Scholars Seminar: Prof. Barry Bluestone

Professor Bluestone

Professor Bluestone

On March 13th, 2014, the University Scholars Seminar hosted a lecture by Professor Barry Bluestone on "The Great U-Turn: Inequality in America 25 years Later." At Northeastern, Bluestone is the Stearns Trustee Professor of Political Economy, the founding director of the Dukakis Center for Urban and Regional Policy and the Dean of the School of Public Policy and Urban Affairs.   A native of Detroit, he earned bachelor's, master's and doctoral degrees in economics from the University of Michigan. His areas of specialization include political economy, public policy, labor economics and industrial relations.  Prof. Bluestone has written hundreds of scholarly articles and authored/co-authored 11 books, including Negotiating the Future: A Labor Perspective on American Business and Growing Prosperity: The Battle for Growth with Equity in the 21st Century. He has been a policy adviser for local, state and national officials and representatives.

At the onset of his presentation, Bluestone recounted how he started his work on the issue of inequality in American by posing a simple question: what happened to the American Dream starting in the 1970s?  Why did the United States evolve from a country that excelled in delivering economic growth as well as greater equity, into a nation where stagnation and inequality were growing at an alarming rate?  Prof. Bluestone famously called this reversal in economic fortunes as the “Great U-Turn”, where for over the past 30 years, the rich are getting richer and the poor are getting poorer.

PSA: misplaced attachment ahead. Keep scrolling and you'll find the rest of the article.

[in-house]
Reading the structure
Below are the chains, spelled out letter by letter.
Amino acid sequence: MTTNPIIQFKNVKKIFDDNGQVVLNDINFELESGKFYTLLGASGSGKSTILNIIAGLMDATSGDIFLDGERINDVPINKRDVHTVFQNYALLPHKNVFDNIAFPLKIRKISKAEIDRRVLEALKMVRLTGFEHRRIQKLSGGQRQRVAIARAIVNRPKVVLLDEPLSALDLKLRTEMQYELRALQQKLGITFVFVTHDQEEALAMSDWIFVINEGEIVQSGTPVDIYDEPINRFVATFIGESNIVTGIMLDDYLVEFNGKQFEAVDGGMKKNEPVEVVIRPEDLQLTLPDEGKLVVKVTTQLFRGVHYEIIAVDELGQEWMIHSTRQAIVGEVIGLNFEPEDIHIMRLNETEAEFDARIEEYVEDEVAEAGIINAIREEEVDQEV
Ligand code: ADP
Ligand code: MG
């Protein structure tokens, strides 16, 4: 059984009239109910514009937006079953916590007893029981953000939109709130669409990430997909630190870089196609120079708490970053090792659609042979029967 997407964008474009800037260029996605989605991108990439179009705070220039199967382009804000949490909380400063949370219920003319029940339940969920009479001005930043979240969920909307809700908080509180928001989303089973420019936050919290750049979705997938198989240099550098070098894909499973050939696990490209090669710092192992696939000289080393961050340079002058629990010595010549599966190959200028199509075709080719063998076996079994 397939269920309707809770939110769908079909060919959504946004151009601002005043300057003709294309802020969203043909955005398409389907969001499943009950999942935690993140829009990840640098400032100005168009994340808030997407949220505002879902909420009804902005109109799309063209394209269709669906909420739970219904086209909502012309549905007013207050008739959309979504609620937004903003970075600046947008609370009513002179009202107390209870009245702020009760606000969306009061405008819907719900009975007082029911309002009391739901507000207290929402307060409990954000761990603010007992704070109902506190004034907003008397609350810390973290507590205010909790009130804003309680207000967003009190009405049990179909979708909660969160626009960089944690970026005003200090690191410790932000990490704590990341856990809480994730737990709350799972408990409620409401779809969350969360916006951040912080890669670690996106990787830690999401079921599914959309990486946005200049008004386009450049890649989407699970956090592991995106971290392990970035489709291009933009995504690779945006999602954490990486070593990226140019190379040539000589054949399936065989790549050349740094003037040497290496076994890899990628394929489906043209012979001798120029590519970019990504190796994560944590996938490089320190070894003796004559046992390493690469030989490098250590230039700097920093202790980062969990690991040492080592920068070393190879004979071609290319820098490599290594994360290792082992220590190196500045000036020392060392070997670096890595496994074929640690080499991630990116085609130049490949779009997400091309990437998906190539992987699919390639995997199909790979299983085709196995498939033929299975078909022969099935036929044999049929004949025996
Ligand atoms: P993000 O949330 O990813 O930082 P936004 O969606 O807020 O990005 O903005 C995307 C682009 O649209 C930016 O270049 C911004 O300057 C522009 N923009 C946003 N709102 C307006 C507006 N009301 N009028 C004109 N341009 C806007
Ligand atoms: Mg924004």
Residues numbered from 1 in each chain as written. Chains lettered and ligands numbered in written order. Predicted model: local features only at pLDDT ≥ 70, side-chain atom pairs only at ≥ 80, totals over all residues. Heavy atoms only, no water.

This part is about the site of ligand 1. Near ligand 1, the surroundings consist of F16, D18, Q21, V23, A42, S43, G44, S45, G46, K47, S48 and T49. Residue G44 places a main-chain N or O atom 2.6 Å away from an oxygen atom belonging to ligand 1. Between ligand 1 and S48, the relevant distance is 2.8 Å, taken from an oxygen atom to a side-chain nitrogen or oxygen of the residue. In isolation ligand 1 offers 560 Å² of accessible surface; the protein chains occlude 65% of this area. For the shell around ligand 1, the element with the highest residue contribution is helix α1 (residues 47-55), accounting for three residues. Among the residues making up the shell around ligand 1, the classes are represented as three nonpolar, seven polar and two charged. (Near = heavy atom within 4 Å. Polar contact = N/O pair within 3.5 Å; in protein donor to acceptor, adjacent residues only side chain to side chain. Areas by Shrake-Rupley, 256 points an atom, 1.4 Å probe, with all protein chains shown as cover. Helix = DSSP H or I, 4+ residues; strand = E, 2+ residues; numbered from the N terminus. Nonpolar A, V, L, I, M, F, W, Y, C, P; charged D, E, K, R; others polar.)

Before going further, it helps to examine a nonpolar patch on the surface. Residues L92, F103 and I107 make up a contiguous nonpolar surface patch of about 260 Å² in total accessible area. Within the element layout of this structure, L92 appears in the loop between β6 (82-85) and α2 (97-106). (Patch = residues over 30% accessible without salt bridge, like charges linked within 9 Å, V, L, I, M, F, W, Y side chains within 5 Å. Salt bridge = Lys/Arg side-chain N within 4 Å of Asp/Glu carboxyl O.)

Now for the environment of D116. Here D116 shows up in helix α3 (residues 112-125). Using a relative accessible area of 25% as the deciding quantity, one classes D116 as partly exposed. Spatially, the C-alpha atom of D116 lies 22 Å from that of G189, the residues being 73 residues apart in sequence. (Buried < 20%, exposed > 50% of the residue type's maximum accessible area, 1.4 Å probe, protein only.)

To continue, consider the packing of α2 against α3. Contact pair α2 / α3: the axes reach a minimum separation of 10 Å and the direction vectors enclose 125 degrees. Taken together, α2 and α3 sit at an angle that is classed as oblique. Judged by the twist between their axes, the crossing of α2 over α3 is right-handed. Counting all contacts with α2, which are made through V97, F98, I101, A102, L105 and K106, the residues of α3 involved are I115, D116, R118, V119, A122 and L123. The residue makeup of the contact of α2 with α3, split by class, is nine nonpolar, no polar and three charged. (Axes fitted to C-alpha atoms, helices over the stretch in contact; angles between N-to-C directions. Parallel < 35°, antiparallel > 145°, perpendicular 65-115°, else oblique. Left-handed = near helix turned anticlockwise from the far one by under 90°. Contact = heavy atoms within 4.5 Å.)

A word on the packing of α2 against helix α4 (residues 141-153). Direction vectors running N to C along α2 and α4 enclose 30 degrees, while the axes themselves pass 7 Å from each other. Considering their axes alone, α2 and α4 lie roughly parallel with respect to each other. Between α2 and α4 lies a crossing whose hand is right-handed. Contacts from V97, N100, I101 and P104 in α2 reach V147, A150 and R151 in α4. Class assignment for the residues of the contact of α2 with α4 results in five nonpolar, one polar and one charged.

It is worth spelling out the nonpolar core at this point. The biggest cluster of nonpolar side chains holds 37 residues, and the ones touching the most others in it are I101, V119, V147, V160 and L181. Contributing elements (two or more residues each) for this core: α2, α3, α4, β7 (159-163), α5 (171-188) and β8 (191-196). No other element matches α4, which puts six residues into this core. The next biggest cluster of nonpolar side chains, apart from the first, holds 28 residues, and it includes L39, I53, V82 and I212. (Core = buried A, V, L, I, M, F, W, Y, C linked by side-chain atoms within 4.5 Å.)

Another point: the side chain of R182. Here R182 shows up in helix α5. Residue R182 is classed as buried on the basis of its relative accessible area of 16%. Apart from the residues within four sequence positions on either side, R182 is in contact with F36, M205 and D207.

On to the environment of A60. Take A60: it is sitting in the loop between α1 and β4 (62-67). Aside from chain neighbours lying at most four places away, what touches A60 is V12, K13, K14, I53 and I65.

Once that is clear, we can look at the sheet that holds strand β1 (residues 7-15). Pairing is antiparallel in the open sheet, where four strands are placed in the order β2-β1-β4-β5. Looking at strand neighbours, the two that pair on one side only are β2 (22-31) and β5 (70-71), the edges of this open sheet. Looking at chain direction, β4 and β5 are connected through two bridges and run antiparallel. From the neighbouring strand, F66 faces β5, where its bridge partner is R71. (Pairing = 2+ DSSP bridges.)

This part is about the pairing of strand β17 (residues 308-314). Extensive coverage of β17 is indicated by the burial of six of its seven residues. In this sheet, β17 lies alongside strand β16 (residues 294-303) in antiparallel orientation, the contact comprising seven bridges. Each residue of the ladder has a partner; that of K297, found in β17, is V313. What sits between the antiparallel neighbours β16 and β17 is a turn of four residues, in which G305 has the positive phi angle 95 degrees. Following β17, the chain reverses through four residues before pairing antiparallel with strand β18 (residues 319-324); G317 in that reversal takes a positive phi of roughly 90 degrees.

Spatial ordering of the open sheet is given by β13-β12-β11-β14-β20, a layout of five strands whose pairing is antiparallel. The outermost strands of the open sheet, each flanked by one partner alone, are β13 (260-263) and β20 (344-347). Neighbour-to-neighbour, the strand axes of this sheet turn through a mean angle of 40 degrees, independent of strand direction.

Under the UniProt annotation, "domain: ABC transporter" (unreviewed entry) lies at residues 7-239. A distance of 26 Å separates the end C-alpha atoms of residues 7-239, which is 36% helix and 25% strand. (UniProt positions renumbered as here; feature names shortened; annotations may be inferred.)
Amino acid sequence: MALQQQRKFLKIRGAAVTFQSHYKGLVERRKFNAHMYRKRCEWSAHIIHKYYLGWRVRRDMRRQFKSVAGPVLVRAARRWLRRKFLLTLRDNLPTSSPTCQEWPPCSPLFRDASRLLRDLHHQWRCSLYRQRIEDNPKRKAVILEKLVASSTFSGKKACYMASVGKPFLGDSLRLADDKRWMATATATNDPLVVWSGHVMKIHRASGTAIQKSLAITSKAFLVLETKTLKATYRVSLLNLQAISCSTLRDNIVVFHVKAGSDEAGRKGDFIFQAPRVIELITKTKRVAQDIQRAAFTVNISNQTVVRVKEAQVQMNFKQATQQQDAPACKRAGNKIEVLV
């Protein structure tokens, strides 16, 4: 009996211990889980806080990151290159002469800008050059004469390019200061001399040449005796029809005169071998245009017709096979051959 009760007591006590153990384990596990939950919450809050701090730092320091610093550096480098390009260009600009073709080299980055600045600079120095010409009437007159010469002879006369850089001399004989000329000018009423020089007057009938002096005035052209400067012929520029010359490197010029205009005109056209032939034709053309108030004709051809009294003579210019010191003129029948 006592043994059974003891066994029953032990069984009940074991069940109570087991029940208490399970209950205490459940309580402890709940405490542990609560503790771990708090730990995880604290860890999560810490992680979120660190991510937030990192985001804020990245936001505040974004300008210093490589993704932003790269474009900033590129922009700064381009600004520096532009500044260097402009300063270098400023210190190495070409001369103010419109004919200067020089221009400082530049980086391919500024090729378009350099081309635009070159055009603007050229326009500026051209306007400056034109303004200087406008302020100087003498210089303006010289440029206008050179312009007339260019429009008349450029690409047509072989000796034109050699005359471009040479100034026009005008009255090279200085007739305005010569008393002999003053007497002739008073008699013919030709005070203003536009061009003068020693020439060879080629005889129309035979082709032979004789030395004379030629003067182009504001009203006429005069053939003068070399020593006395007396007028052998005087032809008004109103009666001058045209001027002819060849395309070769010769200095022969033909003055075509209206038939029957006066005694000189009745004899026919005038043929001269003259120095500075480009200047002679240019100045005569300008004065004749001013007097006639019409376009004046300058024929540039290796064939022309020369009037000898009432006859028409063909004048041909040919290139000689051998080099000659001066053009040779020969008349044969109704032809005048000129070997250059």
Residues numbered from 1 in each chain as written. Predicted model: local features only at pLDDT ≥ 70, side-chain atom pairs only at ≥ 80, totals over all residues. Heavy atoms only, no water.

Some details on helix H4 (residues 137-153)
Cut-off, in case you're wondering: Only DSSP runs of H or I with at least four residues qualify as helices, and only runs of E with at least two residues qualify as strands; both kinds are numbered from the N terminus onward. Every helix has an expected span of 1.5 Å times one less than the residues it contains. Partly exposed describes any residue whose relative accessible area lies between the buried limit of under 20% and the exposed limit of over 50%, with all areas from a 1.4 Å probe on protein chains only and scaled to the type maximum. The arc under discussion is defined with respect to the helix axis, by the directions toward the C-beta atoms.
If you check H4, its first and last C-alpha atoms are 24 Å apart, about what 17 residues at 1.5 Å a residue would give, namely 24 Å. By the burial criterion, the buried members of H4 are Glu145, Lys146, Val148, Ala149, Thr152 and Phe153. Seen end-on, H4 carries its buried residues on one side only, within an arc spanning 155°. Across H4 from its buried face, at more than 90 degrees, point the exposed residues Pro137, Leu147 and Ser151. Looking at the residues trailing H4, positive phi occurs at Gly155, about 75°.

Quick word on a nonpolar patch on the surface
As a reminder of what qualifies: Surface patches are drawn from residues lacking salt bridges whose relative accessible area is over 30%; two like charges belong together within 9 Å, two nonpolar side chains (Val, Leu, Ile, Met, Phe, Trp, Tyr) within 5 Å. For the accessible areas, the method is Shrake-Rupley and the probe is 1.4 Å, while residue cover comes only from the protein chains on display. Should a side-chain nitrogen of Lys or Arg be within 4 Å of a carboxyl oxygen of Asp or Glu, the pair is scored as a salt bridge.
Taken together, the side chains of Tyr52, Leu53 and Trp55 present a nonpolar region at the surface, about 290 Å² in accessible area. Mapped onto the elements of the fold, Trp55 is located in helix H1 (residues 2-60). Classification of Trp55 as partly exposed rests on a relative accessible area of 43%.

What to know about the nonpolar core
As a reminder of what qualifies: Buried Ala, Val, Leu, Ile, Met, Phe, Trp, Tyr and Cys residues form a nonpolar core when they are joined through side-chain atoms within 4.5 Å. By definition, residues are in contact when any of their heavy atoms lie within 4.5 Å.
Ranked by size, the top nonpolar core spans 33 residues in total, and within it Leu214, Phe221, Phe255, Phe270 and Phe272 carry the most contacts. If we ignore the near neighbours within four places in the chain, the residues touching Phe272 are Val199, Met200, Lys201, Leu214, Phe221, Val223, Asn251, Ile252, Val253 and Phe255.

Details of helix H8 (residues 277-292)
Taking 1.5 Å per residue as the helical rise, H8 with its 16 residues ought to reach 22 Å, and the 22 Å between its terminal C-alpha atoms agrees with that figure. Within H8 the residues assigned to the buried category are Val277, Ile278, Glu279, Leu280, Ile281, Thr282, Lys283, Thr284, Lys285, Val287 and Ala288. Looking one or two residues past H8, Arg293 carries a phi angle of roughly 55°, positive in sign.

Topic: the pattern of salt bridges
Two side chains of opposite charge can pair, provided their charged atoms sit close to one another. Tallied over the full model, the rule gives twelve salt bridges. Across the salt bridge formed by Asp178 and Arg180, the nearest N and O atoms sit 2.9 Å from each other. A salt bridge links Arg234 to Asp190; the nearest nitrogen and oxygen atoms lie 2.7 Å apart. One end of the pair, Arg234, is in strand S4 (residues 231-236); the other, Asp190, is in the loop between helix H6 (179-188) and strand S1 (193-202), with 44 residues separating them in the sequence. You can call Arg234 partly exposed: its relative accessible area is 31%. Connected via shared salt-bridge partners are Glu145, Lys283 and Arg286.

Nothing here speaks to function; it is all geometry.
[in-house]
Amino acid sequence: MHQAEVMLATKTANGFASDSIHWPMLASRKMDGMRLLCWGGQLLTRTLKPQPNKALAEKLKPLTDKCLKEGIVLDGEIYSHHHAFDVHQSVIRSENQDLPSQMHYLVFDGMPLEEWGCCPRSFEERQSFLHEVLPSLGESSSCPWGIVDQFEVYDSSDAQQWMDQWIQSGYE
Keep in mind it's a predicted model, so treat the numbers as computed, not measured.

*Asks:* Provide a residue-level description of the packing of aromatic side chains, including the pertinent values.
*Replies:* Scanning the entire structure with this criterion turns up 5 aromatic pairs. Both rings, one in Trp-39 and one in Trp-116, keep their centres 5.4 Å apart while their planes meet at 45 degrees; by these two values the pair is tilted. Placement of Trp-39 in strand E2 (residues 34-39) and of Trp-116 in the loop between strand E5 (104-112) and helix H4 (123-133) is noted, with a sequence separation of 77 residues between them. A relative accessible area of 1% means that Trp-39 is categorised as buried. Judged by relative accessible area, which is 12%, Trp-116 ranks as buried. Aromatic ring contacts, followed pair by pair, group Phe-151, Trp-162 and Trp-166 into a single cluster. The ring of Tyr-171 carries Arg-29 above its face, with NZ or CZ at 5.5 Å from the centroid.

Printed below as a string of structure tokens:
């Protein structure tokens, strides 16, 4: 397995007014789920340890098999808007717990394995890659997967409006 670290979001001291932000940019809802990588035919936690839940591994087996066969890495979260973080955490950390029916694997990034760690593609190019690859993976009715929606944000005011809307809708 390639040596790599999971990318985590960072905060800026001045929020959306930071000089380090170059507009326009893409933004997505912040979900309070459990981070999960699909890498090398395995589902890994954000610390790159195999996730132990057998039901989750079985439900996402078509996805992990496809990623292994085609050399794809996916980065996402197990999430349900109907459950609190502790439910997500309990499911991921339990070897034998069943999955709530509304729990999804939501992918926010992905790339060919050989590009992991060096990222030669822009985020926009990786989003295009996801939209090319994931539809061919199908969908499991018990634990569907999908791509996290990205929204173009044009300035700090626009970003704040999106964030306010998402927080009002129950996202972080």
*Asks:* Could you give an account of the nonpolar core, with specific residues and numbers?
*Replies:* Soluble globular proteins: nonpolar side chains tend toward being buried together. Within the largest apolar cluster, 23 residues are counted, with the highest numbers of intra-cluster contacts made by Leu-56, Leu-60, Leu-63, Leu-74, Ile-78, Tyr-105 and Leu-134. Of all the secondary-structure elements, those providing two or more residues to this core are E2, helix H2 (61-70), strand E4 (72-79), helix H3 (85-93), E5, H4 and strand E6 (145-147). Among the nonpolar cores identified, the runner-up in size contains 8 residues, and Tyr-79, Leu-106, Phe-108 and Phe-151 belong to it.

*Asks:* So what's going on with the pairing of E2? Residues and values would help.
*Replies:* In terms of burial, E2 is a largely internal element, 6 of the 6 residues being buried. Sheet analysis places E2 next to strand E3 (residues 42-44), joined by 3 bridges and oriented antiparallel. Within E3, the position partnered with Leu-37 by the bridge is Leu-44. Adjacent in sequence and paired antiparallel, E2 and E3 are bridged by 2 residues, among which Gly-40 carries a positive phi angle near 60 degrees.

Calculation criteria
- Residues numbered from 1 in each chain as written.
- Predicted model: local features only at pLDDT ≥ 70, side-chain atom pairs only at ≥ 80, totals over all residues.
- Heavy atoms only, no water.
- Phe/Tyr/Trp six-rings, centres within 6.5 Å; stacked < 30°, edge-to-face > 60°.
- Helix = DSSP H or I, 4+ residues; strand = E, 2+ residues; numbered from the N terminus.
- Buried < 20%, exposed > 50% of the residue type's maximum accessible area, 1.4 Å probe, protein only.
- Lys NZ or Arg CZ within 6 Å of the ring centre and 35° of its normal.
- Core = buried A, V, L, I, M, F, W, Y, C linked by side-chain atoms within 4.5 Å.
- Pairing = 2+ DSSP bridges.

What are some of the underlying factors that have fostered this “Great U-Turn” in economic equality? Prof. Bluestone proceeded to examine the usual suspects -- i.e. technology, deindustrialization, deregulation, declining unionization, downsizing, "Winner-Take-All" labor markets, free trade, capital mobility, immigration and trade deficits. He then remarked that, given economic and political realities, we can make only modest changes in current generation income inequality. In this context, several things can offer a bit of help -- such as providing for life-long education and continuous retraining, encouraging a manufacturing renaissance, organizing the unorganized, promote fair trade policies,  raising the minimum wage and index it to the CPI, reinstituting more progressive income tax rates at the federal and state levels, and increasing the poor's access to food stamps and affordable housing.

However, Bluestone underscored that we might have much better luck in reducing intergenerational income immobility by providing universal high quality prenatal care for every child, community-based parent effectiveness training to all parents and caregivers, universal early year-round childhood education to all children, better public schools, extensive opportunities to participate in extracurricular sports, arts, and culture programs, summer camp experiences for young children, summer jobs for high school kids, top-quality vocational education programs for kids not going to college, and increased access to affordable higher education with coop work opportunities for those who go.  This will cost a fortune, but only for one generation.  Which would constitute an improvement with respect to the billions and billions we spend on one generation after another, who do not benefit from optimal childhood opportunities.